My new place also is very near a shop called Good Wines. It's like Whole Foods except, with the local currency so weak against the dollar, way way cheaper, and without the attitude of Whole Paycheck. They've got good bread, good cheese, and of course, good wine. And lots of bourbon! And there is a money exchange inside. But I'll need to find a cheaper, normal grocery as well - and load up on veggies while the sidewalk stands are still around.

I'll be in my apartment for five weeks. That will make 9 weeks in Ukraine, not 8. Realizing that, at the end of next week, I will NOT be at the halfway point depressed me. Yes, I'm loving it here, but I'm also counting down the days - I miss Stefan, my house, and not-my-cat terribly. And on the start of holiday weekend here in Kyiv, for some reason, I got really, really homesick. I just wish so much Stefan could experience this place with me.

So, here's a down side to Ukraine - because you knew there'd be a downside, right? There's a group of ultra-nationalists in Ukraine, and I'm quite wary of them - as I am of all ultra-nationalists, regardless of if I love the country or not. At an adorable restaurant that was flying the ultra-nationalist flag, there's also a really nice little folk art shop inside. I really liked it - until I saw, on the rack of jewelry, they not only have 2 or 3 swastika pendants for sale, they are also selling the Fascist Black Sun symbol as jewelry and pottery. Yes, they were swastikas - not the Buddhist version of the symbol, not the American Indian version of the symbol, neither of which have anything at all to do with Nazism. They were old fashioned, plain, Nazi swastikas. My eyes almost popped out of my head. I kept staring at them, and then back at all the staff in their little folky faux historical outfits and thinking, are you wearing one of these under your clothes RIGHT NOW?!? Apparently, it's a great vegetarian restaurant. I'm thinking, "Yeah, you know who else was vegetarian…"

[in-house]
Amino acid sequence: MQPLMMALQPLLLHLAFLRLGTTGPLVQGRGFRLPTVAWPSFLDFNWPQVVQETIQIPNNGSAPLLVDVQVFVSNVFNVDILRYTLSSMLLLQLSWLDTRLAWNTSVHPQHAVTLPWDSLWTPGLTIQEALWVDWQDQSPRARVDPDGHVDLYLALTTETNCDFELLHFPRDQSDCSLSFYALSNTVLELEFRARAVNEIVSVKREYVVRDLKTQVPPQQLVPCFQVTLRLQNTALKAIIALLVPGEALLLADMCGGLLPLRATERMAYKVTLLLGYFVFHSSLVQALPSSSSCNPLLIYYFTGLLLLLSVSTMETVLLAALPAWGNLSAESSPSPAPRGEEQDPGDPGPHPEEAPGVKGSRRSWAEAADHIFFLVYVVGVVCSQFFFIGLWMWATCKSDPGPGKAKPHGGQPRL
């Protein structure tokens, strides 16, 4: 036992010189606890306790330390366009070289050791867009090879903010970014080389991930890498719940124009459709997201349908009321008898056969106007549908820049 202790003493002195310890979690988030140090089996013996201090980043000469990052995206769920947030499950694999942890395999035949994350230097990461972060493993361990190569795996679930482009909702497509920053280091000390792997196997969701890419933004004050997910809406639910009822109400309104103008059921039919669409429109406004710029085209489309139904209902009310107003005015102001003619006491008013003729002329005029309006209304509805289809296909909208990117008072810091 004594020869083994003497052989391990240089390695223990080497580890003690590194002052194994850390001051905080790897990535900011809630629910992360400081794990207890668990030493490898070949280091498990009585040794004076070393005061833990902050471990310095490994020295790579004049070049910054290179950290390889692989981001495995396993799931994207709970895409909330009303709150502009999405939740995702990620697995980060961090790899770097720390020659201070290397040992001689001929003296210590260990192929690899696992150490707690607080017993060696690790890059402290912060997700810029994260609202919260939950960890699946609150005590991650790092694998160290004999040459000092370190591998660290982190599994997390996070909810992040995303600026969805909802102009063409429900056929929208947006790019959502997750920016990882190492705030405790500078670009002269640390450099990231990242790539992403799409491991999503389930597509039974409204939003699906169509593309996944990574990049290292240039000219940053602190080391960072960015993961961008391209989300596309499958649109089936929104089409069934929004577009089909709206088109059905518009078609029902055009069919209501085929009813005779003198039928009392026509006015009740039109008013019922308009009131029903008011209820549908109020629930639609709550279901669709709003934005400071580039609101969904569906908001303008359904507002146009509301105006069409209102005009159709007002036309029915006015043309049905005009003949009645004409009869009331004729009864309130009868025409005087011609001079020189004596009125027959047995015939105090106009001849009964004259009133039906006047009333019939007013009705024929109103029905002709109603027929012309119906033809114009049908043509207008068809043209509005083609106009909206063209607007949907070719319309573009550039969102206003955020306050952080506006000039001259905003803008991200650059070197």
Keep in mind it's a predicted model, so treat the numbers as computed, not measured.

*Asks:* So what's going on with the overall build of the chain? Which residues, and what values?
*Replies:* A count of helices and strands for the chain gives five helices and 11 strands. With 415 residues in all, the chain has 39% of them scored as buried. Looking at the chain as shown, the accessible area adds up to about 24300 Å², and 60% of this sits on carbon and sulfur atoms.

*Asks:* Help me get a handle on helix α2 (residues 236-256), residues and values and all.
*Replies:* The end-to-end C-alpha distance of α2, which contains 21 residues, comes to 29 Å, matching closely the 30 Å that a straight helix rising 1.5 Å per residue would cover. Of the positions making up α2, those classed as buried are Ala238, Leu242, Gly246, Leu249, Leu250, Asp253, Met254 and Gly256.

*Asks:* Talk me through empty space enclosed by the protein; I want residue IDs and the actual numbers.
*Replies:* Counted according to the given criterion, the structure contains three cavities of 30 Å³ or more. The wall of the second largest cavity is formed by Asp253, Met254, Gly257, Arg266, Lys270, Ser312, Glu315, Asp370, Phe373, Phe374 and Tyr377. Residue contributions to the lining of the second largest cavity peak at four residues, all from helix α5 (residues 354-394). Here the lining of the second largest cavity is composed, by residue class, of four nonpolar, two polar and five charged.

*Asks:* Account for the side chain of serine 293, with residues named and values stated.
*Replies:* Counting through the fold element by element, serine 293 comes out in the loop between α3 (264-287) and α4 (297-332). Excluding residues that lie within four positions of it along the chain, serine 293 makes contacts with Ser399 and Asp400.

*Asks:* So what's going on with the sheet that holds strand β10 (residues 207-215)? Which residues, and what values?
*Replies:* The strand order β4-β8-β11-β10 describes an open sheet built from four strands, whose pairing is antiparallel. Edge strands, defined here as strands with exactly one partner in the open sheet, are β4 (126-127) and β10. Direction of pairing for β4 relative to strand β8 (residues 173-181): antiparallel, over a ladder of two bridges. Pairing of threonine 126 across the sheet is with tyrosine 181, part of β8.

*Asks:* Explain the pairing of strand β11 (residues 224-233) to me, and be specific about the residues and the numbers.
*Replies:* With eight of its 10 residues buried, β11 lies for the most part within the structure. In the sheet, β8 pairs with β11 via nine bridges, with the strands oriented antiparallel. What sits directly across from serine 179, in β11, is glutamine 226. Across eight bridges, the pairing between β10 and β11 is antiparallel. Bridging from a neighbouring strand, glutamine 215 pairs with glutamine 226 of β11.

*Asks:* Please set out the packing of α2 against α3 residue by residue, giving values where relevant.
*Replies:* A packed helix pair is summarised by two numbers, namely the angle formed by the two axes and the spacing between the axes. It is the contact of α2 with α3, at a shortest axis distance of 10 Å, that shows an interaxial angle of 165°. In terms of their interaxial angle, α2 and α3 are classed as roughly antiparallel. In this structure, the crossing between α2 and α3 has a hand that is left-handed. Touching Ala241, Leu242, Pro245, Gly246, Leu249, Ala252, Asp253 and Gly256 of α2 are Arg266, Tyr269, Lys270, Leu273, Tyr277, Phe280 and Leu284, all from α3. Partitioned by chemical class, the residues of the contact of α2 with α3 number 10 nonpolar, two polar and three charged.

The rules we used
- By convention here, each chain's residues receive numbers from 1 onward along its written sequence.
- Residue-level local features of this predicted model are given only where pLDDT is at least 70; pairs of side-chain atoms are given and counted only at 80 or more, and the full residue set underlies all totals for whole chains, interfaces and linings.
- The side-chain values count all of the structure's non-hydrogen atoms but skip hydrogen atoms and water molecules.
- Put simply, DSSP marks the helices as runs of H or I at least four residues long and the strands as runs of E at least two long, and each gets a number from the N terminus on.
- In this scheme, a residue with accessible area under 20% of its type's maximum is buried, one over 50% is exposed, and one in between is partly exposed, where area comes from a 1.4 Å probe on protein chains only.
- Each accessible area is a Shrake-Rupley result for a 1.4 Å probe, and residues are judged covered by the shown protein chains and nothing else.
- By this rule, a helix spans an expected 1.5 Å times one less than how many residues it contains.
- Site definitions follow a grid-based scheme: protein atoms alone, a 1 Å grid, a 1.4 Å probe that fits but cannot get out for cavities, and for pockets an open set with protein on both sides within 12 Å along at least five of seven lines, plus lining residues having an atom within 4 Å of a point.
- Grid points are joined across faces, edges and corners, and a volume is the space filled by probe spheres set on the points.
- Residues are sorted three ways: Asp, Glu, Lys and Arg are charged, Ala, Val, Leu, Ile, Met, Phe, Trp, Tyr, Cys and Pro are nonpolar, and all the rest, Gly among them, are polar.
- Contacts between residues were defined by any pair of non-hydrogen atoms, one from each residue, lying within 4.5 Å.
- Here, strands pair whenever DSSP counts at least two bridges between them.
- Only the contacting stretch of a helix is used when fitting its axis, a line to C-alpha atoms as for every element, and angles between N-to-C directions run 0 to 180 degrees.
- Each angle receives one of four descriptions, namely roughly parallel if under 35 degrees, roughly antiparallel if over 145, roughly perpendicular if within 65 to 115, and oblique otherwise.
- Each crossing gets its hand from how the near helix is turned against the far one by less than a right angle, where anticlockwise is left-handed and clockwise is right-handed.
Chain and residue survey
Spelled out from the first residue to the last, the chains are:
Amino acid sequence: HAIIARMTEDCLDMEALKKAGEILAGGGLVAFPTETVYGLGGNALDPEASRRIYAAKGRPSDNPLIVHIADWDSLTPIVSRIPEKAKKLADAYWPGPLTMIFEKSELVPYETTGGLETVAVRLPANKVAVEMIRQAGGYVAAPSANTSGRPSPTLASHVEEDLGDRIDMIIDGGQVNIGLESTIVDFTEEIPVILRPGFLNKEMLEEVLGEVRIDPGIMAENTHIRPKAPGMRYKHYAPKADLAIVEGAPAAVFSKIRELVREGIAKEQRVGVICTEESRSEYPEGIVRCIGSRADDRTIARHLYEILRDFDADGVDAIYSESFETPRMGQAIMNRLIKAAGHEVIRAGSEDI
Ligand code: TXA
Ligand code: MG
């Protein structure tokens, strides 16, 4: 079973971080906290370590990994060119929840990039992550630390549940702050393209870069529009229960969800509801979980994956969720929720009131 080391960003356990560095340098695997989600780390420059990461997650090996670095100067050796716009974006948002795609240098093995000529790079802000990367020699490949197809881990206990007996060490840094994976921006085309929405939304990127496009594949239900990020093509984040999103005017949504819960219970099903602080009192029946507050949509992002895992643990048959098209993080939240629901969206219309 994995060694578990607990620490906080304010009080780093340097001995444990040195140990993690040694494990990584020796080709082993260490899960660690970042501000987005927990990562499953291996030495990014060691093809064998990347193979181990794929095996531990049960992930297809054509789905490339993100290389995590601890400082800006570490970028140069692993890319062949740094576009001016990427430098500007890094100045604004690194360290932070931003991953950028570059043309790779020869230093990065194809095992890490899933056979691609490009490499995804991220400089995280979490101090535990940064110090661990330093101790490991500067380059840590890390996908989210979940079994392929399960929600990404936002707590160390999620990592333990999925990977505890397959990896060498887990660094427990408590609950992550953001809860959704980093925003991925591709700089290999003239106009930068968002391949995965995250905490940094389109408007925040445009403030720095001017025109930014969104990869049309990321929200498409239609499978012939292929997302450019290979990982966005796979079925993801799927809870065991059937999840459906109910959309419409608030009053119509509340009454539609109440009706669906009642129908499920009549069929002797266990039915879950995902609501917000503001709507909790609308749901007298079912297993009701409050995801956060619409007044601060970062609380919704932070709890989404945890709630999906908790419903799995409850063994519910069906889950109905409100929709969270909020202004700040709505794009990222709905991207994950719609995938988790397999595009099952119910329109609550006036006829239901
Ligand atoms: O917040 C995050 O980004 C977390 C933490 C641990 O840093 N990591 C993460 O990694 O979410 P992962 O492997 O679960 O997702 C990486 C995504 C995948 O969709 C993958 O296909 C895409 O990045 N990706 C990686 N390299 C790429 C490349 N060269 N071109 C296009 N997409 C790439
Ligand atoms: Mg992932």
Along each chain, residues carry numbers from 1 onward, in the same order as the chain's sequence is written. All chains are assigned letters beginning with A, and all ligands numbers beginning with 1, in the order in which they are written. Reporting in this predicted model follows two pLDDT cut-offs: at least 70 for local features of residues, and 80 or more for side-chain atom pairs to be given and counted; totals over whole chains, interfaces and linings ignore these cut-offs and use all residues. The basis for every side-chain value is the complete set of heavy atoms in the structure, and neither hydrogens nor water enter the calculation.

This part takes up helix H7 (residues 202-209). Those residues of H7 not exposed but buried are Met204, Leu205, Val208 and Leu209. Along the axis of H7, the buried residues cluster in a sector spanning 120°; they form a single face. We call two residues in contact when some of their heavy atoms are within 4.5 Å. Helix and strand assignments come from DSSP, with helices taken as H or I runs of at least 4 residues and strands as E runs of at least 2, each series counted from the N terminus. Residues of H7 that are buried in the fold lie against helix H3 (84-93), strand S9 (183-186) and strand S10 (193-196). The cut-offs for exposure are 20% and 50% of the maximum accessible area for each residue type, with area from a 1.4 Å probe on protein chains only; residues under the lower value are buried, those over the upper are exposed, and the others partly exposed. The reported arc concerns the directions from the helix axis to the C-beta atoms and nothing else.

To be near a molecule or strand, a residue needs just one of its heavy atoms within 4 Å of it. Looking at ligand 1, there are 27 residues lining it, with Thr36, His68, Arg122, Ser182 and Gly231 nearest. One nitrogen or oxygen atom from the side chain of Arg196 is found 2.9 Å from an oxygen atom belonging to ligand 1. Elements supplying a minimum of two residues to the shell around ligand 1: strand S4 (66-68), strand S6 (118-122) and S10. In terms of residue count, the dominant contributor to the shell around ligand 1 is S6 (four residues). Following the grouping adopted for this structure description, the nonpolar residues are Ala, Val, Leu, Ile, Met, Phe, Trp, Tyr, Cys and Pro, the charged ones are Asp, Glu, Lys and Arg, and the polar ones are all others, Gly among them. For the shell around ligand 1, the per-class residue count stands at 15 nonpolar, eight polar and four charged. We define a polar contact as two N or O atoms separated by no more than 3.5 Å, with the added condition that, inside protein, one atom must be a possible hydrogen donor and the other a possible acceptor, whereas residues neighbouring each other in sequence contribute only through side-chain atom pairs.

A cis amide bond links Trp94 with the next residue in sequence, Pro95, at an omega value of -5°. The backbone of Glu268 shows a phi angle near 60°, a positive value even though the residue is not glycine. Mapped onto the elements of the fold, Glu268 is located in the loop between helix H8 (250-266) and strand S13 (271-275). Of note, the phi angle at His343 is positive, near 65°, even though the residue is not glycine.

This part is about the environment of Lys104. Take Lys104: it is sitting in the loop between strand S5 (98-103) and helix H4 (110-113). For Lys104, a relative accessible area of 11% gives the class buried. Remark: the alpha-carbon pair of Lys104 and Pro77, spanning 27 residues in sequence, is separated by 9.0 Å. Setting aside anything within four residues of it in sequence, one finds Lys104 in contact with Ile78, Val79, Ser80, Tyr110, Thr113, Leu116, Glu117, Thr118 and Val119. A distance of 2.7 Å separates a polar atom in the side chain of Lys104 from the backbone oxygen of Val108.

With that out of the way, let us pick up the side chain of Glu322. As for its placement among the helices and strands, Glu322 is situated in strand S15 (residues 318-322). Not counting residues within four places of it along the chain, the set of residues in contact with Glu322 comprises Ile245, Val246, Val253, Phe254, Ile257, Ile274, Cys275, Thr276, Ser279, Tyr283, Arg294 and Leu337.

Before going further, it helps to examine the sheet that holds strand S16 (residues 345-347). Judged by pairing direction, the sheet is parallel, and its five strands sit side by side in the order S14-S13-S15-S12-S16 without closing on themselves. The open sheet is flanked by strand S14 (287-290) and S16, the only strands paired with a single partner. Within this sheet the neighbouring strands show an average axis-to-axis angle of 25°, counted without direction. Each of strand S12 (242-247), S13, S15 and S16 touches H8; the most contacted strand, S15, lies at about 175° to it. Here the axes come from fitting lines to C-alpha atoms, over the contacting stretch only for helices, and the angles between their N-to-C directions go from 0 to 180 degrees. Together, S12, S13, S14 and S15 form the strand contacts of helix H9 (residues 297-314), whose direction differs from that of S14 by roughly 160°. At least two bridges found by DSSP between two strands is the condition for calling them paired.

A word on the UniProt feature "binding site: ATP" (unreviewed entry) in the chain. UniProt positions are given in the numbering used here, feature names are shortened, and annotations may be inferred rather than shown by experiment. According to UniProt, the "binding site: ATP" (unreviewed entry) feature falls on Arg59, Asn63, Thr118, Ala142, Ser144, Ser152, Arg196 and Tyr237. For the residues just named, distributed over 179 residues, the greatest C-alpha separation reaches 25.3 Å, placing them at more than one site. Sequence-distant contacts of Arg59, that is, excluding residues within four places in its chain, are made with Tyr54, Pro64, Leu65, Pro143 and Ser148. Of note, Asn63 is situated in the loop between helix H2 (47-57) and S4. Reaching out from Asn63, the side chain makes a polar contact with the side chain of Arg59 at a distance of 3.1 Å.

As you all know, trucks from a Russian convoy said to be carrying humanitarian aid crossed the border into eastern Ukraine last week, without the consent of the Ukrainian government and unaccompanied by Red Cross escorts, as had been earlier agreed. If Ukraine fired on the convoy - a convoy which, by all accounts, had violated the sovereignty and integrity of the country, would it thereby give Russia a public excuse for a full invasion? On the one hand: what would the US do if Cuba did this in the USA? On the other hand - I don't want war. I'm a peacenik. I am. The convoy has returned to Russia... but I continue to fear provocation.

Also, this story does a good job, IMHO, of explaining why the West has trouble jumping into the Ukraine v. Russia conflict - the misinformation by both sides is really troubling.

Speaking of misinformation, the governor of Texas, Rick Perry, says that there are “historic” levels of border crossings from Mexico into the USA, and the people crossing are “from countries with terrorist ties.” Which countries? Perry specifically referenced Ukraine. And I just sat there, staring at the story and the comments and thinking, people voted for this idiot. PEOPLE STILL VOTE FOR THIS IDIOT. My host's husband's comment, in his lovely Ukrainian accent, "Mexican Ukrainian Terrorists. Yeah, right." Sigh...

POSTSCRIPT: I got chastised this morning, by someone I respect very much, for writing the reference about the swatstika in the restaurant - she says it's a symbol from Mezine, that's all.